Secretary of State Colin Powell interrupted his Israeli-Palestinian peace mission Monday to visit Lebanon and Syria, to discuss the tense situation along Lebanon's border with Israel. Mr. Powell urged officials of both governments to rein-in Hezbollah guerrillas who have been firing at Israeli positions along the border.
The Hezbollah guerrillas, who are based in southern Lebanon and supported by Syria, have been firing rockets at Israeli positions on an almost daily basis, since Israel began its military drive in the West Bank.
Mr. Powell, who was given a helicopter tour of the Israeli side of the border last Friday, is worried the guerrilla activity might prompt a massive Israeli response and open up a second front in the current Middle East conflict.
He stressed his concern at a Beirut news conference with his Lebanese counterpart, Mahmoud Hammoud. "The United States remains concerned about the continuing violence across the Blue Line," he said. "There is a very real danger of the situation along the border widening the conflict throughout the region. It is essential to all those who are committed to peace to act immediately to stop aggressive actions along the entire border."
In his remarks, Mr. Hammoud said developments in southern Lebanon cannot be isolated from what he called Israeli "escalation" in Palestinian areas.
He also described Hezbollah attacks on Israeli forces in the disputed Shebaa farms sector of the border area as a "resistance operation," and said the United States should not be influenced by Israel's characterization of them as terrorism.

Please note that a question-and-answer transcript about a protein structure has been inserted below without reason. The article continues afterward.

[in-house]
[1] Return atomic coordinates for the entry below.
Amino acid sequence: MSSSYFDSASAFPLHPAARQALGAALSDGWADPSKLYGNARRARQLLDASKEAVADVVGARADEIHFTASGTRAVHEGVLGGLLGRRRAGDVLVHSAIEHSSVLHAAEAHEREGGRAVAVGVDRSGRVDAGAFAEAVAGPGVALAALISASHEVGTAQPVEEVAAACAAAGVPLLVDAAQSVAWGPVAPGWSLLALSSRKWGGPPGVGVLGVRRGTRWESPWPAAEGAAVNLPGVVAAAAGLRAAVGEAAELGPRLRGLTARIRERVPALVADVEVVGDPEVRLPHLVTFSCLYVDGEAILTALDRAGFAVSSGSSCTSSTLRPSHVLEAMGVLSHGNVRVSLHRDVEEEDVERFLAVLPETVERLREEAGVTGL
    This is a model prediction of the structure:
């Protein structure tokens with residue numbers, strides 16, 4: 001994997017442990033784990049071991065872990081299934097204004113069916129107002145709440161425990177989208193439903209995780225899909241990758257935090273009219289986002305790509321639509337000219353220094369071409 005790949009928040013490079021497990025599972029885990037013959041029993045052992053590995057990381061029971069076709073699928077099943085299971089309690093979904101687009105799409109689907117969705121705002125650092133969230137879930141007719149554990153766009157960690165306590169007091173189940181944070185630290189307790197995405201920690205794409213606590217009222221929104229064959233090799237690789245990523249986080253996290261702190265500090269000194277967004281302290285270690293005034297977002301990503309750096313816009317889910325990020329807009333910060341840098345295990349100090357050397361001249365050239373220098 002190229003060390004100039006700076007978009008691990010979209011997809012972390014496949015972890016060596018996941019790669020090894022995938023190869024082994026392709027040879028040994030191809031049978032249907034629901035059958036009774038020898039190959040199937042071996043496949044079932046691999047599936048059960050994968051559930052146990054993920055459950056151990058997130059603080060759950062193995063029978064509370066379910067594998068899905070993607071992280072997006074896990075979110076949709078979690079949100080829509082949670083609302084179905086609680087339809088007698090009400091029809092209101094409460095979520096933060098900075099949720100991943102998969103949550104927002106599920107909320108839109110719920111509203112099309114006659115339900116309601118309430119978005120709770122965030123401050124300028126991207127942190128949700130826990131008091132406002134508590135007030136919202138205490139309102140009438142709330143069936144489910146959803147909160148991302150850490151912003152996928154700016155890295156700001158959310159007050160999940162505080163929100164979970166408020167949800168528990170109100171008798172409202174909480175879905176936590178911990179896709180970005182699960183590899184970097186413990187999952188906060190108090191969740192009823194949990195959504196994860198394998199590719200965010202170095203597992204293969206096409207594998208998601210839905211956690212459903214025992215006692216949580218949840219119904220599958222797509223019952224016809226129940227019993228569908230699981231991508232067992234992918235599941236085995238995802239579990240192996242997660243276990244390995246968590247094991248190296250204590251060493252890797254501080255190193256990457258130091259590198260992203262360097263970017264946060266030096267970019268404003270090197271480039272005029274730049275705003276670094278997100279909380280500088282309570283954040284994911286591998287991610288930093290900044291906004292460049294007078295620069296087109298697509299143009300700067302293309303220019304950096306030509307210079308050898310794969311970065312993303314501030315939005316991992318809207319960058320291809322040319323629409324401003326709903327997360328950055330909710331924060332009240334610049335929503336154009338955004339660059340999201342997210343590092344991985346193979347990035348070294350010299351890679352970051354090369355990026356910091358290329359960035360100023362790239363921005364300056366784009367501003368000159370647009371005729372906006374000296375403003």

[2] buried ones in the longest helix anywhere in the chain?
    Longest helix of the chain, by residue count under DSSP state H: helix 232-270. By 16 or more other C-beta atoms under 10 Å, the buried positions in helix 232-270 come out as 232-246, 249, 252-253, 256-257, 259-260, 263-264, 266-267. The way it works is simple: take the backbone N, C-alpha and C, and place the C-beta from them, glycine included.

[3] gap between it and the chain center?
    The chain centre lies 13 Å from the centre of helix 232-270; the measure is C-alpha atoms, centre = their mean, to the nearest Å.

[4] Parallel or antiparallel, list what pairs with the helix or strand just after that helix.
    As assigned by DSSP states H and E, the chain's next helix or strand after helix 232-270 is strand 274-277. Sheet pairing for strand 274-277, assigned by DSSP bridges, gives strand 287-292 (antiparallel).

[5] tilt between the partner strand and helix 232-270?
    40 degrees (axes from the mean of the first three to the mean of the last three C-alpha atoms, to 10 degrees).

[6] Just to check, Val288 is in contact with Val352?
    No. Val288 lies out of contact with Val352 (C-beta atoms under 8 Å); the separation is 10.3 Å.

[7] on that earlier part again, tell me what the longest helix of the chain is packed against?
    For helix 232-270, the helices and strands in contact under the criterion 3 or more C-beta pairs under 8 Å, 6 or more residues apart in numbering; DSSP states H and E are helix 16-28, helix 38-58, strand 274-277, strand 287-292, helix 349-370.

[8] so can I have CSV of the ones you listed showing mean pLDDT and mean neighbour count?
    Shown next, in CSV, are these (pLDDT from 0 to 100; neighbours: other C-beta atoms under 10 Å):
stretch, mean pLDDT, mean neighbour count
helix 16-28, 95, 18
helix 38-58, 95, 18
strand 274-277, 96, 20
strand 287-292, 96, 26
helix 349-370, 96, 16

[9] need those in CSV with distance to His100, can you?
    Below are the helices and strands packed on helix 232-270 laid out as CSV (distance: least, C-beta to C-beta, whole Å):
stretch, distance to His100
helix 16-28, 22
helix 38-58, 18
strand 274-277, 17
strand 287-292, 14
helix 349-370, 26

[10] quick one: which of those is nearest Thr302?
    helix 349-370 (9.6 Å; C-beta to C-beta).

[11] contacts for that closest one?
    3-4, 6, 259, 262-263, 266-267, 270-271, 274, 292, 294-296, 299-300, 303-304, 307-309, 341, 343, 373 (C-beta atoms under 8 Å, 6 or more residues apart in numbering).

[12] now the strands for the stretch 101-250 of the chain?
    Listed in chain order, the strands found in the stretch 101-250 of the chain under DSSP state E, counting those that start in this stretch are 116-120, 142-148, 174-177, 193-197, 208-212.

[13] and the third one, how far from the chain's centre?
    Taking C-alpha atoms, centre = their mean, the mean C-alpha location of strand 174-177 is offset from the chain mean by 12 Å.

Mr. Powell met in Beirut with Lebanese President Emile Lahoud and with Prime Minister Rafik Hariri, who endorsed U.S. efforts to end Israeli-Palestinian violence, but said any cease-fire deal must be accompanied by efforts to get a comprehensive political settlement of the crisis.
Citing the experience of Lebanon's civil war, Mr. Hariri said there were 1,200 cease-fire deals in the more than 15 years of fighting, but none of them worked until the warring parties reached a negotiated peace in Taif, Saudi Arabia.
Secretary Powell, who met here with Syrian President Bashar Assad and Foreign Minister Farouk Sharaa, said he would confer with top advisers in Jerusalem late Monday on the future of his Israel-Palestinian peace mission, now a week old.
He said he and staff members would assess the response of both sides to U.S. ideas presented in his initial meetings with Israeli Prime Minister Ariel Sharon and Palestinian leader Yasser Arafat and discuss, in his words, "what might be achievable in the very near future."
The Secretary gave no details of the U.S. package, but said is aimed at ending the current violence, advancing a political solution and providing humanitarian relief for Palestinians.